Aquinas on the Fittingness of the Catholic Church being “Roman”

In ST III.35.7, St. Thomas considers why Our Lord was born in Bethlehem. Obj 3 argues that Christ should have been born in Rome, which at the time ruled the world, since from there he could have more easily made known to the whole world the true faith:

The Lord was born in the world for this, that he might announce the faith of truth . . . but this would have been able to have come about more easily if he had been born in the Roman city, which then was having dominion of the globe . . . therefore it seems that he ought not to have been born in Bethlehem.

In response, the Angelic Doctor quotes a sermon from the Council of Ephesus, which argues that, if Christ had chosen as his birthplace the great city of Rome, the change of the world which the Christian Faith accomplished would have been ascribed to the power and influence of Rome. Similarly, if he had chosen to be born the son of an emperor, his benefit to the world would have been ascribed to the power and influence of the emperor. But “so that divinity would be known to have transformed the globe, he chose a poor mother and a poorer birthplace.”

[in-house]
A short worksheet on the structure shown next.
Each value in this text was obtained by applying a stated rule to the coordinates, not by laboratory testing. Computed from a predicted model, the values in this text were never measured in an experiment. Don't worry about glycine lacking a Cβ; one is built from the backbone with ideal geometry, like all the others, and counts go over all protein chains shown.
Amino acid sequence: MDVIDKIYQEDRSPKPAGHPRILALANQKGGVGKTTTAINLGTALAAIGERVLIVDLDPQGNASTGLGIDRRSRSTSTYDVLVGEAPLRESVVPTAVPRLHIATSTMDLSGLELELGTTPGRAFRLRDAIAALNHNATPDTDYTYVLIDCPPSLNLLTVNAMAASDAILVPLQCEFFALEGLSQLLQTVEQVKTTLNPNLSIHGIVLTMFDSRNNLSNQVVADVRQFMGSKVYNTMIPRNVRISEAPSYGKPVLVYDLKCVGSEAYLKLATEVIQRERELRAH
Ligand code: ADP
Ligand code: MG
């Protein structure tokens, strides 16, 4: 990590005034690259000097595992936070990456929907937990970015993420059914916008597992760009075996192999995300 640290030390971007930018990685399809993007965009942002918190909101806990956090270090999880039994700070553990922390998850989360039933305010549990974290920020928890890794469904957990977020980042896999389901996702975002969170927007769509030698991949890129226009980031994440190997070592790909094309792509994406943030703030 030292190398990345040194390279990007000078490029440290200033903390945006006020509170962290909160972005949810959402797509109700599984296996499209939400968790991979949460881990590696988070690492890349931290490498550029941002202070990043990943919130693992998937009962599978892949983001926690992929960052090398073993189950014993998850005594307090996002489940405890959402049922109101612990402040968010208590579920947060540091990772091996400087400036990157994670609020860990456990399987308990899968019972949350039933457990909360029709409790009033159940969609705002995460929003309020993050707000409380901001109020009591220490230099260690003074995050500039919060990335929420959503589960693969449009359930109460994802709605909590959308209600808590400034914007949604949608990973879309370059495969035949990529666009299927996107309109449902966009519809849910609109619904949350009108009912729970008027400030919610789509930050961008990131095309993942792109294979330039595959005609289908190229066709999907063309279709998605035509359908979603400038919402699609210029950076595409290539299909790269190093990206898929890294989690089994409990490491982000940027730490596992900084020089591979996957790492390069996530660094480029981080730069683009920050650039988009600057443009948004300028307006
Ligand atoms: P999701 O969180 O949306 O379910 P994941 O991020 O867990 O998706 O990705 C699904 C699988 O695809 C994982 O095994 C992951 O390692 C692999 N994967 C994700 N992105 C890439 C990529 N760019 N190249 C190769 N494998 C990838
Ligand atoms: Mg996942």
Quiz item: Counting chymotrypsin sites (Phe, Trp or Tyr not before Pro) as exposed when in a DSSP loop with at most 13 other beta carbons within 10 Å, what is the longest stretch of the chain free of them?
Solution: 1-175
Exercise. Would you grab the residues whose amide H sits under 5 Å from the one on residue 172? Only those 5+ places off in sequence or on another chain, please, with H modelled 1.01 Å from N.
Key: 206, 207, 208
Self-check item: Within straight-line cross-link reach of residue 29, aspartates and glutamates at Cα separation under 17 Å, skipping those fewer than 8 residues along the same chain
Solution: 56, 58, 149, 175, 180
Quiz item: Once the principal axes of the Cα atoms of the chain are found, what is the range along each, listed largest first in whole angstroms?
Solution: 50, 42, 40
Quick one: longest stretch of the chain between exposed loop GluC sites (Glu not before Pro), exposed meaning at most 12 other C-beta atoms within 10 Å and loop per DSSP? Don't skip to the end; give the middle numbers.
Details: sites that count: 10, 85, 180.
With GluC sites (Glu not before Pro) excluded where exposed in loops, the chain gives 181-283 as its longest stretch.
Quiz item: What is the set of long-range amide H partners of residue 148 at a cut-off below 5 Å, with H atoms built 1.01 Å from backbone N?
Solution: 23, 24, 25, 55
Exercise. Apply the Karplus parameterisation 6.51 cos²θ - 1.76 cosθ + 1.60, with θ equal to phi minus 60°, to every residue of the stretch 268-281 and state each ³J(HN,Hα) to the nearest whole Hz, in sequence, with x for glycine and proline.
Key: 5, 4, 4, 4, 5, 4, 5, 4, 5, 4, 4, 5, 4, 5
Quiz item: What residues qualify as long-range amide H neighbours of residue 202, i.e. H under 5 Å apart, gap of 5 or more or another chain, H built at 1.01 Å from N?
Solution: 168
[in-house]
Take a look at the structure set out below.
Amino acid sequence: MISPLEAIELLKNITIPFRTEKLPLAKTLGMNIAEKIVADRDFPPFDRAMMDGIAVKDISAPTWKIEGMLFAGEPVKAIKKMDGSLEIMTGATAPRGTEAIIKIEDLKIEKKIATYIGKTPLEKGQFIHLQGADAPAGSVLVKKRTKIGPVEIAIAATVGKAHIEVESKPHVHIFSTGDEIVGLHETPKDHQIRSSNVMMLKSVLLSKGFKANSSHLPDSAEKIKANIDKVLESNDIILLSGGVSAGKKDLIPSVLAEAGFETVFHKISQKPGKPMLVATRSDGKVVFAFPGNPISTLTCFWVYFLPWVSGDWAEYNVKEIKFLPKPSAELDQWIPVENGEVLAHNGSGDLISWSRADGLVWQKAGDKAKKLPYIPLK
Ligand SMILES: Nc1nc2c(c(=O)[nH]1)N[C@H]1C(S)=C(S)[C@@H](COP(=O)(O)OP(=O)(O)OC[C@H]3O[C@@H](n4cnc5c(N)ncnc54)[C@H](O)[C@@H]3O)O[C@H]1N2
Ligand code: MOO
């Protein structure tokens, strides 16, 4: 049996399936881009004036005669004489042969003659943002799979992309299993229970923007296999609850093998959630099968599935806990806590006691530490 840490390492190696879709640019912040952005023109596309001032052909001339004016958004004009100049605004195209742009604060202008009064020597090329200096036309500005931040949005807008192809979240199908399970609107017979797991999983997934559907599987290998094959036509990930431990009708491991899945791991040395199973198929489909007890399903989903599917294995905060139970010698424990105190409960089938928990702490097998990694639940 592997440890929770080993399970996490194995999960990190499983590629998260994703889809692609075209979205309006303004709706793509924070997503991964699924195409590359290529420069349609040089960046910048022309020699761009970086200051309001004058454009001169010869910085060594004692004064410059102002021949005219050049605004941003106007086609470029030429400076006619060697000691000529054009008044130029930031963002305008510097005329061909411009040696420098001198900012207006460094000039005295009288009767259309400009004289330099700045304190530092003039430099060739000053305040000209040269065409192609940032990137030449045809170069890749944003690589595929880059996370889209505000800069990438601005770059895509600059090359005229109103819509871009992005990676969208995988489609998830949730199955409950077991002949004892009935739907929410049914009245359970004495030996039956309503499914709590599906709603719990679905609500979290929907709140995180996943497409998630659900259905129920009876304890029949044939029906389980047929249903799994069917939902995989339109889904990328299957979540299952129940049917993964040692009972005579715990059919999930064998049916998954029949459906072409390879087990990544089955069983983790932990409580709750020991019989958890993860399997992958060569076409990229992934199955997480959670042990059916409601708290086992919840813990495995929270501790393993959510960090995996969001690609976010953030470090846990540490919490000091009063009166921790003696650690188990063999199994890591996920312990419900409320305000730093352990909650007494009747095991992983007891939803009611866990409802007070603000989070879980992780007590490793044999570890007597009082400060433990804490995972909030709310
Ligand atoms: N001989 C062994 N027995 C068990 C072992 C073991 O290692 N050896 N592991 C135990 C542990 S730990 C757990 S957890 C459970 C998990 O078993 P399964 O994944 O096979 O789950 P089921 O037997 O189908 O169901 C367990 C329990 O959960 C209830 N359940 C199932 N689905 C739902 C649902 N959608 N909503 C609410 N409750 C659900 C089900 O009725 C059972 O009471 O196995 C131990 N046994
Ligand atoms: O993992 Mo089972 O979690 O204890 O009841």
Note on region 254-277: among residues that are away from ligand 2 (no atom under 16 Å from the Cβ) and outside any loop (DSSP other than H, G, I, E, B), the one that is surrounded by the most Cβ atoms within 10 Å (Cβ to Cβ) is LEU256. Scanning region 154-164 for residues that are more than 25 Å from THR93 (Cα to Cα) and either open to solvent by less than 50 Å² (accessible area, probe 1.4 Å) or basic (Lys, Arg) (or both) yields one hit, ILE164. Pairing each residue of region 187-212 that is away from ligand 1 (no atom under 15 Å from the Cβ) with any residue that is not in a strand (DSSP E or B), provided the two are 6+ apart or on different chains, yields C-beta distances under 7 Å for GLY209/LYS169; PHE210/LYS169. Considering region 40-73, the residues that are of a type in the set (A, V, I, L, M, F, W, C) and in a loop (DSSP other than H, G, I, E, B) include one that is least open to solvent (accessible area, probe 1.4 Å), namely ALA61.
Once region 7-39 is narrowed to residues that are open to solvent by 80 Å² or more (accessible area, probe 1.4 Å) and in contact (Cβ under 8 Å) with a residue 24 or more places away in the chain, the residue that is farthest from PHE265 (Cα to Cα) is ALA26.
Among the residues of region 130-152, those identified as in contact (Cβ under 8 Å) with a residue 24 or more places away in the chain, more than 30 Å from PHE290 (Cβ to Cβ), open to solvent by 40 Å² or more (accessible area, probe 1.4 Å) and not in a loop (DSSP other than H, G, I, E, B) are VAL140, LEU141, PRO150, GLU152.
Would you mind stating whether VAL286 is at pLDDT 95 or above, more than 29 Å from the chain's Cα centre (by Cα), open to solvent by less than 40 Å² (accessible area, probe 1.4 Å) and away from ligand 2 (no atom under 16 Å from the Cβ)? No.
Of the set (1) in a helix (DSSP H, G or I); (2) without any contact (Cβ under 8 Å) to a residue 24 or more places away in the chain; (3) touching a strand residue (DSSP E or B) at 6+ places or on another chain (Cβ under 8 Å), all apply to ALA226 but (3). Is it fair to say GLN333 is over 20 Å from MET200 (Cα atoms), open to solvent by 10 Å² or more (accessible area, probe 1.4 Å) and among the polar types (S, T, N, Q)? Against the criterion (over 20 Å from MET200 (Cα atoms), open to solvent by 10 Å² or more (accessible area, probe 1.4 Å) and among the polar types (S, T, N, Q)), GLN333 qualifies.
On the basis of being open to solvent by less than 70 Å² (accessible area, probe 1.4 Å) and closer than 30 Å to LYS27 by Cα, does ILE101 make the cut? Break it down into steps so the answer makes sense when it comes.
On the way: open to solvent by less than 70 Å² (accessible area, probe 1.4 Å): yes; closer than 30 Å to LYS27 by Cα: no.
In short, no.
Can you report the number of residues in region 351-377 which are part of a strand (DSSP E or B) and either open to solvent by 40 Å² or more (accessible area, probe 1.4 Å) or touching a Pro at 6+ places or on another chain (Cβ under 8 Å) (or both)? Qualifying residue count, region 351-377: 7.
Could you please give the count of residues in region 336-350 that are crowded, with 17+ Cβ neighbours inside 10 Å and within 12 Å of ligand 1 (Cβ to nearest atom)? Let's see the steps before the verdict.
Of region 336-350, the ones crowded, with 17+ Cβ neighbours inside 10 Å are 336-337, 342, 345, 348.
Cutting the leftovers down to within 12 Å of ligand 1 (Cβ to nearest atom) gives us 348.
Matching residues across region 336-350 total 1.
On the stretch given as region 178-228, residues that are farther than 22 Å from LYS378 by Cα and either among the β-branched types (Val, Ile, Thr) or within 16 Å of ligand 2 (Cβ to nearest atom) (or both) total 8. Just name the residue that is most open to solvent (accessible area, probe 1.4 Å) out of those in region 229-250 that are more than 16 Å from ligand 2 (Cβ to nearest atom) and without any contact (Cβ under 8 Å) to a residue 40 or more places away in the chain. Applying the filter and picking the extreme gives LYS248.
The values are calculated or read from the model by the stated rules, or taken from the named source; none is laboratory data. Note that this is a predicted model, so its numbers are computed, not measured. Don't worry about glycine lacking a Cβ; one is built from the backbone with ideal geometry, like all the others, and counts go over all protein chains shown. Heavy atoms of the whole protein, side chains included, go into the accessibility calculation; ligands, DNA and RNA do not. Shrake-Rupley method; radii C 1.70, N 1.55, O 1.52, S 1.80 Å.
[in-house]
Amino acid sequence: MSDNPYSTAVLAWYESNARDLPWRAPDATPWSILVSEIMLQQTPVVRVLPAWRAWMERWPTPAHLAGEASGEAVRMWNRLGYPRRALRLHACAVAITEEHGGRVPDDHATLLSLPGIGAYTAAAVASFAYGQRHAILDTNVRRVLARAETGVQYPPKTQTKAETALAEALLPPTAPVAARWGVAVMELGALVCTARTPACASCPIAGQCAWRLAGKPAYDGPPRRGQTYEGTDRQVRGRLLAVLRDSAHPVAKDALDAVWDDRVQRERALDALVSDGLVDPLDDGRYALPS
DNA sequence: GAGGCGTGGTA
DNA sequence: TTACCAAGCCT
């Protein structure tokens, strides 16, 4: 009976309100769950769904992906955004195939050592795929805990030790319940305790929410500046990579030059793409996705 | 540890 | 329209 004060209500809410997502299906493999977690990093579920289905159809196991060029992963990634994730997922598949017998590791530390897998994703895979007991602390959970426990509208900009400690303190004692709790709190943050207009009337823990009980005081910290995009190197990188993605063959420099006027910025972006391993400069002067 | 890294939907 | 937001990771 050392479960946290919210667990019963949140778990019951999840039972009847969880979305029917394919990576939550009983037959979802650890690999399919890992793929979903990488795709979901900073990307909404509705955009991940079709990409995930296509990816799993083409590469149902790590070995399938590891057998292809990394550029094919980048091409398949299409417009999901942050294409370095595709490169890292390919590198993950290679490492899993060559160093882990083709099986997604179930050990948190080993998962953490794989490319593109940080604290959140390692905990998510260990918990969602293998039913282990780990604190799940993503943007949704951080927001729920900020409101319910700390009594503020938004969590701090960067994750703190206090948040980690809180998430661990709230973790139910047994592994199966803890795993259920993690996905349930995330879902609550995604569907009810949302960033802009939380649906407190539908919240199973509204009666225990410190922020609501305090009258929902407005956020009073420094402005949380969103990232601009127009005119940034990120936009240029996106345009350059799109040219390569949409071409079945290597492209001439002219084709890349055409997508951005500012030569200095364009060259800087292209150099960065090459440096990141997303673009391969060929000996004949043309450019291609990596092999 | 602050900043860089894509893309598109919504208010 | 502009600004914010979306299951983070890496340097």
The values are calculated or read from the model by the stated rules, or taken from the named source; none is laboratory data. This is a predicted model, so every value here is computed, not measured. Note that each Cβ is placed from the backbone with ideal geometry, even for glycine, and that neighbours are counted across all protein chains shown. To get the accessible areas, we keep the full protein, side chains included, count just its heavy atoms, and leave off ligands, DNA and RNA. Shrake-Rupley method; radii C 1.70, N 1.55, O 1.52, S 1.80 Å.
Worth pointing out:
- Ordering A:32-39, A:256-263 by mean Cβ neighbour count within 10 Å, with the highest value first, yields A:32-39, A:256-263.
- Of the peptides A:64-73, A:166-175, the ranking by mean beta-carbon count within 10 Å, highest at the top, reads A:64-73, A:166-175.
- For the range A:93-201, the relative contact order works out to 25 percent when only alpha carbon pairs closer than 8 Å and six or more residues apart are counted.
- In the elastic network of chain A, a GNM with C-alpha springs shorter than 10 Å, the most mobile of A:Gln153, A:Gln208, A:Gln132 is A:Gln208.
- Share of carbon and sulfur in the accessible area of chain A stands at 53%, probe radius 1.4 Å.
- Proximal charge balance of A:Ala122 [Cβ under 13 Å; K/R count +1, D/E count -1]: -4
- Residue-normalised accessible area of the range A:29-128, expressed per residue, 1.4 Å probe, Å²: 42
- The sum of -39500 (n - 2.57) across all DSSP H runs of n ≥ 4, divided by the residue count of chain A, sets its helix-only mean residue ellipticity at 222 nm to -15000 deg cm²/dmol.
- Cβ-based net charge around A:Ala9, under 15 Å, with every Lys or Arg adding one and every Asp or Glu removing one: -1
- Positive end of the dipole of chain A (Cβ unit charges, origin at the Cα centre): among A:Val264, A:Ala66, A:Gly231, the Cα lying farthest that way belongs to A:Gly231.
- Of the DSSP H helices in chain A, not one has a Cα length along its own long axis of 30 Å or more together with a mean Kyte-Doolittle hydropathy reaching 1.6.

Then, however, Saint Thomas points to 1 Corinthians 1:27, which reads: “But the weak things of the world God hath chosen, that He may confound the strong.” From this he concludes:

Therefore, so that he might more show his own power, in Rome itself, which was the head of the globe, he established the head of his Church, in sign of his perfect victory, so that thence the faith would be dispersed to the whole world . . .

In short, Our Lord chose Bethlehem as his birthplace so no one could ascribe his victory to the earthly power of his origins; but he chose Rome as the head of his Church, so that the extent of his victory would be total and undeniable. Rome was the capitol of the world, so it was fitting that it should become the capitol of the Church, that the Church’s triumph over the world could be more clearly evident.

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